"Mary, my poor wife; my poor wife, my Mary," he threw his strong arms around her and cried bitterly; while Eugene took up the wondering little waifs and carried them out of the room. "My Mary in Heaven."

What a blow to that lonesome peach-grower, the death of his hardworking mate, stolen away in the midst of his harvest by the Almighty ruler over all; cut down before the gaze of his babbling children and severed for ever from the forsaken and helpless babe. No neighbourly hand to relieve him of some of his burthen—not one of his own old enough to run a message! For years he struggled with them, buying and mending their clothes with his own hands, teaching them himself in his own untaught way, forming out of them a little school on Sundays; well he reared and trained them in the paths of virtue and holiness. Ten years therefrom his little girl filled her mother's place. Condoling with the stricken man for an hour or so, he returned to the buggy, which the man filled with cases of peaches. He shook hands with the father of the two little girls and his horses' heads were turned for home.

"Keep on the same side of the creek." said the peach-grower. "the fire is coming down the other way; it's only about half a mile from the bridge new."

The prairie across the Sabine River was on fire. Passing through the avenues of pines they again crossed the bridge over the Mayflower creek, when through the moaning forest, droning with the blast of a thousand bagpipes, could be heard the crackling flames of the prairie fire, and now and then a far-sounding crash as a pine-tree fell to the ground. Crashing through the others and carrying them down before him, a massive king of the forest fell with the shock of a thunderbolt across the road, a stone's-throw from the horses.

"Hold them! Fred; hold them, or they'll see that fire and go mad," he cried, as the great pine-tree laid open through the others which it had brought down a wide vista of smoke and flame. Alive, leaping and dancing in its mad tumult, the fire came upon them, cutting and sweeping its way through the wilderness.

"Right about, Fred, and we'll get back to the green avenues," said the page 180doctor, and round the frightened blood-horses came, catching a glimpse of the flames as they turned and snorting and sniffing at the smoke. With one simultaneous snort, those spirited steeds lifted that buggy almost bodily off the ground, and bounding together into the air they flew away with it in the direction of the pine-avenues and the Mayflower creek. Nearer and nearer crackled and roared the flames among the dead pines; faster and faster fell the trees in the great prairie fire of America; louder and more boisterous howled the east wind, driving the terrified horses almost out of their senses.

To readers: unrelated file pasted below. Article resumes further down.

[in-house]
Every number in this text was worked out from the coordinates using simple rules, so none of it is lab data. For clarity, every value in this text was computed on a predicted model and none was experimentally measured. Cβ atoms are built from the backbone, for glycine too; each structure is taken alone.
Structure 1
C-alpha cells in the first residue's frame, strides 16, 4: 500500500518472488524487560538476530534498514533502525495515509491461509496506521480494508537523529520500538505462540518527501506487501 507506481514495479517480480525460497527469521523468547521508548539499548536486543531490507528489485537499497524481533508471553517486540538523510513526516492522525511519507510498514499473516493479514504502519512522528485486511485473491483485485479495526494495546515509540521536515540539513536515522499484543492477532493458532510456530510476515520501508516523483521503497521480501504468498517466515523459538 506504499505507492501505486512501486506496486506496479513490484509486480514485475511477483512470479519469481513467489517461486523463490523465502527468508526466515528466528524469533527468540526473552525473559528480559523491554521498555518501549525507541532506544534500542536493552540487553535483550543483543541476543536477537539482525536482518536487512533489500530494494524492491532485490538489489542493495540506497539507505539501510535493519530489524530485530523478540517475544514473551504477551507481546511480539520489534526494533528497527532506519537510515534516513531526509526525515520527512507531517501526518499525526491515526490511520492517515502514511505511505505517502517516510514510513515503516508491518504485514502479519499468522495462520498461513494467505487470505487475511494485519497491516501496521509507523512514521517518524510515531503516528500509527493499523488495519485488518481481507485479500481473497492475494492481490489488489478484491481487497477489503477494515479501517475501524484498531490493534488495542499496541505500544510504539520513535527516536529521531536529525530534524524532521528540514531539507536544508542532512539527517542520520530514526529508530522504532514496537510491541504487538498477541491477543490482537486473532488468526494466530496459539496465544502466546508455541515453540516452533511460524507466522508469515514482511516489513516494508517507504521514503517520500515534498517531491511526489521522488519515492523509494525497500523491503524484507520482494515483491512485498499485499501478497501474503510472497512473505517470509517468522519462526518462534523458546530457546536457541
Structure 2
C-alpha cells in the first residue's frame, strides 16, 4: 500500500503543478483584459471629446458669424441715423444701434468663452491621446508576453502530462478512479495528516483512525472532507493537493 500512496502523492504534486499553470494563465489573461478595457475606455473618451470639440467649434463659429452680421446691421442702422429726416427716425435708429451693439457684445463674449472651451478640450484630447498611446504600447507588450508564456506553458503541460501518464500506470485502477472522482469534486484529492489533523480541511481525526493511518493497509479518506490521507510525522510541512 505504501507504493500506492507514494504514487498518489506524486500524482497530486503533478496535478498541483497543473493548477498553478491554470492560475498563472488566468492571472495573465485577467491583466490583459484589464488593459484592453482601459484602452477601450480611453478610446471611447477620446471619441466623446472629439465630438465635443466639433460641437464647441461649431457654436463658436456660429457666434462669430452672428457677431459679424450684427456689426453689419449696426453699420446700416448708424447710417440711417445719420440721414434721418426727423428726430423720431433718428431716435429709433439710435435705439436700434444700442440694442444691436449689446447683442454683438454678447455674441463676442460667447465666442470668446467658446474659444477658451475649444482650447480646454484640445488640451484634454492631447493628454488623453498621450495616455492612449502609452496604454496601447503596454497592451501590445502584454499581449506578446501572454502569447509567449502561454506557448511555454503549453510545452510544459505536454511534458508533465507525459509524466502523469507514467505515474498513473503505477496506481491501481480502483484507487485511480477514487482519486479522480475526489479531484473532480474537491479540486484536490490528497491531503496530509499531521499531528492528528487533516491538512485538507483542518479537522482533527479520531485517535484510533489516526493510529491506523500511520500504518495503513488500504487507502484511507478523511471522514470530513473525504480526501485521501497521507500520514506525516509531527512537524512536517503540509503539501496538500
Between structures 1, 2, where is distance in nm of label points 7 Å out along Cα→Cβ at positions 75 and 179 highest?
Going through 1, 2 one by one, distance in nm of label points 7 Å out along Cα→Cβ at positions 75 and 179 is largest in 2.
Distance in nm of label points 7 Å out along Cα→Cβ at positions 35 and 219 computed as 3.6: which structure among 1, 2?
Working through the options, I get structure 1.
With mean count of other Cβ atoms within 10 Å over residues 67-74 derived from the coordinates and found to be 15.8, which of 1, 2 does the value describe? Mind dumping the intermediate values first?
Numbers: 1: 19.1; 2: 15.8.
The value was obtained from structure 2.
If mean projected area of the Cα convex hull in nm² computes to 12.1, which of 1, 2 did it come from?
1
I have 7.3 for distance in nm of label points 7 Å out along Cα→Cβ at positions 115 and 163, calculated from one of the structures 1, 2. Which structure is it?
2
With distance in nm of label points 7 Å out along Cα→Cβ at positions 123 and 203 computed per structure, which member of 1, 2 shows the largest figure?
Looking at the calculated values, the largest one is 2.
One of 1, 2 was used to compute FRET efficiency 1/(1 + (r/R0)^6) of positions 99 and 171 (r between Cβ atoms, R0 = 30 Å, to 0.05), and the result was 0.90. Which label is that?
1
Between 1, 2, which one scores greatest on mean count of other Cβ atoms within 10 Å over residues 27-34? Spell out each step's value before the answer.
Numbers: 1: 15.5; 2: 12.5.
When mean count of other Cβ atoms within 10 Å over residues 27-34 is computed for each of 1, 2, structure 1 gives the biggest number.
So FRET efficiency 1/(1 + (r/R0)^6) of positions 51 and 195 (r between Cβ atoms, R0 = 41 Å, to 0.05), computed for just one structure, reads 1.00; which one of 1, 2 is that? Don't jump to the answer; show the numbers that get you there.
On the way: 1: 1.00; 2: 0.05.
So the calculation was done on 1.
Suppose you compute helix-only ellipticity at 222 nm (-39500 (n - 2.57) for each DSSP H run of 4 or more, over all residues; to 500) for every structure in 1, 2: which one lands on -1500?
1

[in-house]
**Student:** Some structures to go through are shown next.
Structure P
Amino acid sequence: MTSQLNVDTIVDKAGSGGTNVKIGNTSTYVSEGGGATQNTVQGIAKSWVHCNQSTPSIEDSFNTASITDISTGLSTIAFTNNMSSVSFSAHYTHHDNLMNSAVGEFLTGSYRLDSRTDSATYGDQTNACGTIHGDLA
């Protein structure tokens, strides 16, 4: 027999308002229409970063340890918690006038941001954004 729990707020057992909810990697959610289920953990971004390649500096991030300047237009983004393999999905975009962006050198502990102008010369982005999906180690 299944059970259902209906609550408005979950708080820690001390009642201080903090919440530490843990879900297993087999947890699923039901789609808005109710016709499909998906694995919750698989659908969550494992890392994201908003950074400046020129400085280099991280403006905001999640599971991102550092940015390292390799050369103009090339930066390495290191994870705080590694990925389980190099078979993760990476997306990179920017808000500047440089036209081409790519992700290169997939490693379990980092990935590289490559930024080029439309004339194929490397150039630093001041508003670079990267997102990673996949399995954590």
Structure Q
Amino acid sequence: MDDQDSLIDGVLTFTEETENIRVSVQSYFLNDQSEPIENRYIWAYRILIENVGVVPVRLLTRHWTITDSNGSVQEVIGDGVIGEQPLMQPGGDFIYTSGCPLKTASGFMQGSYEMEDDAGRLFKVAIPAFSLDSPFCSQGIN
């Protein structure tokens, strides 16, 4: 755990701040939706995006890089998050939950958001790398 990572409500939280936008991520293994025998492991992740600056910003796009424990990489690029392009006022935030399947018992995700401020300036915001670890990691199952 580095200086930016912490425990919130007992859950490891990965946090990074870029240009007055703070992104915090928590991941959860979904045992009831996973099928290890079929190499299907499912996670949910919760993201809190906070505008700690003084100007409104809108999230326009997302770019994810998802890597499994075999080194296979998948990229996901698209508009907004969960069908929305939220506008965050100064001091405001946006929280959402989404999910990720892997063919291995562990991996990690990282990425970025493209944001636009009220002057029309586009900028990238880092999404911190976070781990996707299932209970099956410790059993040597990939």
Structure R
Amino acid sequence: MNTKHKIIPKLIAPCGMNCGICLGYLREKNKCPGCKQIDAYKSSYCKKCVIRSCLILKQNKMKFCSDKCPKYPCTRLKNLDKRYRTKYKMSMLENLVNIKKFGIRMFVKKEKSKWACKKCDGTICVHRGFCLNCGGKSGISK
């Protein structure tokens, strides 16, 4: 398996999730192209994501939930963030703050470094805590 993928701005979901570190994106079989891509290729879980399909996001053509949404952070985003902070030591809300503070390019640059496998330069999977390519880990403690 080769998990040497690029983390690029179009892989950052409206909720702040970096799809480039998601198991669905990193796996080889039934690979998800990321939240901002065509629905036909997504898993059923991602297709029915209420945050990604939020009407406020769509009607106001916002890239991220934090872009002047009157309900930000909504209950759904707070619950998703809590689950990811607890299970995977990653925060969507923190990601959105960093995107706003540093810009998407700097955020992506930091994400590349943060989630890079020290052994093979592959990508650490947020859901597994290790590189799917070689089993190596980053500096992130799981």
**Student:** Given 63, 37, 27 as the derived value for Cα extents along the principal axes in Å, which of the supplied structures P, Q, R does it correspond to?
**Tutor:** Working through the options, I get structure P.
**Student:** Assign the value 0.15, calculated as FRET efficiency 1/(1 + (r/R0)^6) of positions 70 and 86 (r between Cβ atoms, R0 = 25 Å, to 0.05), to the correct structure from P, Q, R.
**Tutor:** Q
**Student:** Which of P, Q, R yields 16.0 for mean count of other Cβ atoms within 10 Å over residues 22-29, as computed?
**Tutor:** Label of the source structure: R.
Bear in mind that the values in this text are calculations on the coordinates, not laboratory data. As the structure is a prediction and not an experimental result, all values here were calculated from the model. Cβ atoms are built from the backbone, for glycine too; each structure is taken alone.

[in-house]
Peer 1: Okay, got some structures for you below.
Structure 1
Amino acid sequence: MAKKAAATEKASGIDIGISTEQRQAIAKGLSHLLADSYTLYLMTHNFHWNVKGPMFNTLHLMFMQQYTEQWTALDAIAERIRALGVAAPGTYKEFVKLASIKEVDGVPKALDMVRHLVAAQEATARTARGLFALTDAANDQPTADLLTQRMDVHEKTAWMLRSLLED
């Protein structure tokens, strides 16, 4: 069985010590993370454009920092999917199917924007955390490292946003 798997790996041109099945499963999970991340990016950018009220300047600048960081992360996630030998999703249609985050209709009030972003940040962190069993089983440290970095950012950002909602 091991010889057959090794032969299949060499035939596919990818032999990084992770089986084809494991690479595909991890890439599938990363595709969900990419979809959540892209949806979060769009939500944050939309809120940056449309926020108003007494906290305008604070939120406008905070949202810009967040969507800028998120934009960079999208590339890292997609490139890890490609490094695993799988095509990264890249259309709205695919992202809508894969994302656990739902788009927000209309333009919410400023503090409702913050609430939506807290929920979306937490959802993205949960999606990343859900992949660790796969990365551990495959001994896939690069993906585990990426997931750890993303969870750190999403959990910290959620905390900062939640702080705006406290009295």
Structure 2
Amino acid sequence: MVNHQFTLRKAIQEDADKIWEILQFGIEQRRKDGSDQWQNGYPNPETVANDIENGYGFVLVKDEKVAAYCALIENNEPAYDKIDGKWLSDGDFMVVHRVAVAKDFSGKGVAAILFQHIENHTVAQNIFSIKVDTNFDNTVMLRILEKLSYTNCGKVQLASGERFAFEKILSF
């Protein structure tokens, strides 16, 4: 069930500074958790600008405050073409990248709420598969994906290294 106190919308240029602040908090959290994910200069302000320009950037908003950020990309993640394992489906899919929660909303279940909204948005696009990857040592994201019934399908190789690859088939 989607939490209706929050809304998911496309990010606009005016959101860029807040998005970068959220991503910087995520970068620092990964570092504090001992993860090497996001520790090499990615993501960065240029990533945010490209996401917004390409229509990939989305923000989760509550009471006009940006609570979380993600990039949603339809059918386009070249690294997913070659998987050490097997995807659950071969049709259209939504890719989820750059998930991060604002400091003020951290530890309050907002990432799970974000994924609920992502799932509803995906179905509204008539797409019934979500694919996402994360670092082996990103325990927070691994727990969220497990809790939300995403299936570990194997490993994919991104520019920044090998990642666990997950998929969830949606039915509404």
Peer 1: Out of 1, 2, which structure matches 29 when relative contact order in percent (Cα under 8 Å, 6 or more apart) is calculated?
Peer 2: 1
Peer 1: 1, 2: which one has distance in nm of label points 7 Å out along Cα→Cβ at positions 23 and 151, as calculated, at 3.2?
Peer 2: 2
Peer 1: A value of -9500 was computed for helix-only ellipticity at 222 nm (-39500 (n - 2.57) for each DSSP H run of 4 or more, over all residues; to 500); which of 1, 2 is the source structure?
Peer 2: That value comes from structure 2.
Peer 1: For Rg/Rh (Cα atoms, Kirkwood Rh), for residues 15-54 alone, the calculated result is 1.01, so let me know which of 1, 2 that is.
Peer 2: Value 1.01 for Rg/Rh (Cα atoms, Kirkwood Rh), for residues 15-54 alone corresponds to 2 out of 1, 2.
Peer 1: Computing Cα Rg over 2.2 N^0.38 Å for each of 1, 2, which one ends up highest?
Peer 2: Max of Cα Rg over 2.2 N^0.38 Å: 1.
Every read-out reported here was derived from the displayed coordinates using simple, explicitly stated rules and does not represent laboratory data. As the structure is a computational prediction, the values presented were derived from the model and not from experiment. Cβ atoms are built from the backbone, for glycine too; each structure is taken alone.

"Let them go, Fred, over the bridge," said the doctor, and the stamp of their hoofs on the little, wooden structure chimed in with the empty roar of the fire. No barricade on one side of the low bridge, and into the creek plunged the horses, where they halted, while the buggy and its occupants were left on the bridge. Taking the reins from the groom, he cracked the whip over their heads and called upon Pearly and Vallie to go; they dragged the buggy into the creek and pulled it across to the opposite bank. Straight for the pine-tree shades he drove, where he stood with the groom holding the heads of the quivering horses and speaking to them, while the prairie fire blistered their faces and raged with the furies of Inferno. Now and then a burning branch would fall on the backs of the horses, but quickly the groom knocked them off, and spreading over them the rug he took out his pipe and smoked. With its hoarse, stentorian throat roaring, rattling, the raking, roving prairie flames laid every dry monarch in the fastness low; but luckily for the doctor and his equipage no tree fell within the pine-avenue areas, though the thudding trees around sounded like the volleys of a feu-de-joie4. Hares, white rabbits, racoons, bandicoots, squirrels, badgers and coons fled in terror from the thickets and overgrown scrub to the creek, and many gaudy-skinned copper-headed snakes and rattlesnakes were seen climbing the pine-trees. Enormous cones and pyramids of fire vied with each other in attaining stupendous heights, and from their aërial craters vomited forth the black smoke and charred ashes, wind-borne across the vast wilderness to fall and enshroud like a pall the town.